The cliché phrase opposites attract couldn’t be truer in my marriage. I’m a total type A, scheduled, structured, work before play kind of person. My husband, to my great delight and deep annoyance at times, is the complete opposite. He’s the most laid-back, easygoing, and balanced person I have ever known. He’s the perfect mix of a hard worker and an equally hard player who knows when it’s time to work and when it’s time to kick back and have some fun. I am incredibly grateful for this part of him as he reminds me often what is important in life.
In my type A world, when dinner is over, the table is cleared of dishes. When a load of laundry is finished, it is folded and put away promptly. I’m not a big stop and smell the roses kind of person. When I do stop, if there are roses, then that’s great because I love flowers. But rarely do I stop while running a thousand miles an hour just to smell them. Somehow my husband has found the delicate balance of work, play, and rest. He knows when to slow down, when to stop working, and how to take time to notice and enjoy the little things in life. He’ll call me on his drive home from work at night, “Hey Mer, you have to stop right now and go outside to look at the moon. It’s incredible.” In the middle of sweeping our hardwood floors, he’ll come up behind me, wrap his arms around my waist and kiss me on the cheek, making it impossible to continue for good reason because those are the moments that I need to stop and relish.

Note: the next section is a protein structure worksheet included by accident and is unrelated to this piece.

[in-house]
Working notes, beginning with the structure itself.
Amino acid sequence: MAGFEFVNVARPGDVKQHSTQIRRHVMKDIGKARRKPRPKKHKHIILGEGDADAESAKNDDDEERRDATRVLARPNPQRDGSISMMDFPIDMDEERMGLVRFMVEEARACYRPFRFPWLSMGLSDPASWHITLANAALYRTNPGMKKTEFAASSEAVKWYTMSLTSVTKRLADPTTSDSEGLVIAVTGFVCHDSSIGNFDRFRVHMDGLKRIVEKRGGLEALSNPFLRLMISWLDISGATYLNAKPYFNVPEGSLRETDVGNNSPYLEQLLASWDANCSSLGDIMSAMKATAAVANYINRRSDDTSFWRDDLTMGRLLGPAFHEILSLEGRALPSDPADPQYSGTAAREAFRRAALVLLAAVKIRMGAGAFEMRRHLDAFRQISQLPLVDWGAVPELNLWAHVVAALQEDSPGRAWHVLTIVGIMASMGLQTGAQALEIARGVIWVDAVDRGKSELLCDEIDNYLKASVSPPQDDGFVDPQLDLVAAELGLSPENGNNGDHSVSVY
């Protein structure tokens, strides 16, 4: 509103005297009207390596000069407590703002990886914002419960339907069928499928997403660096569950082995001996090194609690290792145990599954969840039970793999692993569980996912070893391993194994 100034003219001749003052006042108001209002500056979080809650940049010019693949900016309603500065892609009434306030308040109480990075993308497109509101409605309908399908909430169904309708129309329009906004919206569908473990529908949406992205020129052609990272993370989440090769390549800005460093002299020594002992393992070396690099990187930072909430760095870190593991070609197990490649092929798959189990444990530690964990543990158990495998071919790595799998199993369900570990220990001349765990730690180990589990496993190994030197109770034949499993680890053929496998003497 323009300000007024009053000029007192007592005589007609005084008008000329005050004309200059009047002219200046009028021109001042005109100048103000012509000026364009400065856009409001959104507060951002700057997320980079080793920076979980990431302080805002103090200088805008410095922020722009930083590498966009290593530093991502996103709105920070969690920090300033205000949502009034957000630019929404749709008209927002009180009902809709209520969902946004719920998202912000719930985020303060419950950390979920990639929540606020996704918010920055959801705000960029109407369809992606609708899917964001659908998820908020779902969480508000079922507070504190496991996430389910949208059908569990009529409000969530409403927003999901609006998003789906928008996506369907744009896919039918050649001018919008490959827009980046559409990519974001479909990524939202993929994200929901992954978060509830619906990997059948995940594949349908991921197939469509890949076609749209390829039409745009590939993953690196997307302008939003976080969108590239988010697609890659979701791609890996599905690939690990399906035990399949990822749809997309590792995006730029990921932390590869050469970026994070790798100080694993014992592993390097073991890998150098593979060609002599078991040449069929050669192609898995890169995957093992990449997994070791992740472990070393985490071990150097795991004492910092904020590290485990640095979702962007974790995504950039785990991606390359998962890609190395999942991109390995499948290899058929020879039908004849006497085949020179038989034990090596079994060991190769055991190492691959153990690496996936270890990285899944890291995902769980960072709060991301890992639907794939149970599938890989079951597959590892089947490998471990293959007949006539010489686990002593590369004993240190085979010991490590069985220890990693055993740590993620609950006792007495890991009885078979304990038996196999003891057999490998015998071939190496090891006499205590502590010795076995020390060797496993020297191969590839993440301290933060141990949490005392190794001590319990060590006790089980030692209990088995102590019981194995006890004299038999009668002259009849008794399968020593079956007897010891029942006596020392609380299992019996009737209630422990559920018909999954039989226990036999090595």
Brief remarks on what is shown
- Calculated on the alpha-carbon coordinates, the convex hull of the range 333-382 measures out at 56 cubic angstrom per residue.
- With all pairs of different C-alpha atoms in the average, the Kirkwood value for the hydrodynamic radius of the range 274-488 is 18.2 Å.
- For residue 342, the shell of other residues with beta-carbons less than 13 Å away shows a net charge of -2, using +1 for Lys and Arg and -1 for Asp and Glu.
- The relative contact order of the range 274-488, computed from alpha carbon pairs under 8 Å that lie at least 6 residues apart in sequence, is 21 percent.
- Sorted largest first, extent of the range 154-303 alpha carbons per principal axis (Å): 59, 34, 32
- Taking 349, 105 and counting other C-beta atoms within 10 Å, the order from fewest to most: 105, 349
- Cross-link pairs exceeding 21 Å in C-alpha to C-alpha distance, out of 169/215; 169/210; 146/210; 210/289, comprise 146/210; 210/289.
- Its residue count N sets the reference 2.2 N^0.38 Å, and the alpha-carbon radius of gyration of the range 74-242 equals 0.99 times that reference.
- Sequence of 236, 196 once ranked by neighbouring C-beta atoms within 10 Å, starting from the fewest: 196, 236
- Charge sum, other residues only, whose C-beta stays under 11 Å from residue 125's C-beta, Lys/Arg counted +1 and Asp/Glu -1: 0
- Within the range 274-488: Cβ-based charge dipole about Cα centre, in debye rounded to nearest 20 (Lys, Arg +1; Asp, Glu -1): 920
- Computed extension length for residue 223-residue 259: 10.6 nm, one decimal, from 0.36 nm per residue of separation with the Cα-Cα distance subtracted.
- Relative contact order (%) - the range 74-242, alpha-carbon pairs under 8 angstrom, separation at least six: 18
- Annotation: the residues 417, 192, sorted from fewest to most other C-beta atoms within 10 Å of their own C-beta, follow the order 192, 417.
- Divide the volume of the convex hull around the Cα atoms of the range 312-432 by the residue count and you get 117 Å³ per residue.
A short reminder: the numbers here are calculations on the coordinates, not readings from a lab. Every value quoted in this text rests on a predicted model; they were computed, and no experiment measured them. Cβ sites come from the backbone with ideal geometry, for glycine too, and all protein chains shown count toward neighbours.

That’s what I want to be able to do more of in life but especially in marriage. I want to linger over the table a little longer to find out where our conversations will take us. I want to sit in silence in the sunroom over steaming cups of coffee while the morning mist burns away in the rising midday sun. I want to abandon the to-do list and agendas for spontaneous trips to the river, where we feel the water, breeze, and sun on our skin all day long. Marriage is so much more than perfect houses, nice dinners, clean laundry and grocery lists. Marriage is about connection, growth, vulnerability, joy and a deep enduring love. I don’t want to miss out on one second of that because I was too busy doing the dishes and checking another item off the list.
Don’t miss out on the best things marriage has to offer because the laundry is piling up. Don’t let the gargantuan to do list override the paramount importance of simply being together. Don’t let the big tasks in life rob you of the tiny moments you could share with one another. The mundane times along that way, if missed, would be a terrible and staggering loss.
Being with him is enough. And if I’m guilty of being too busy, I want to be too busy being with him.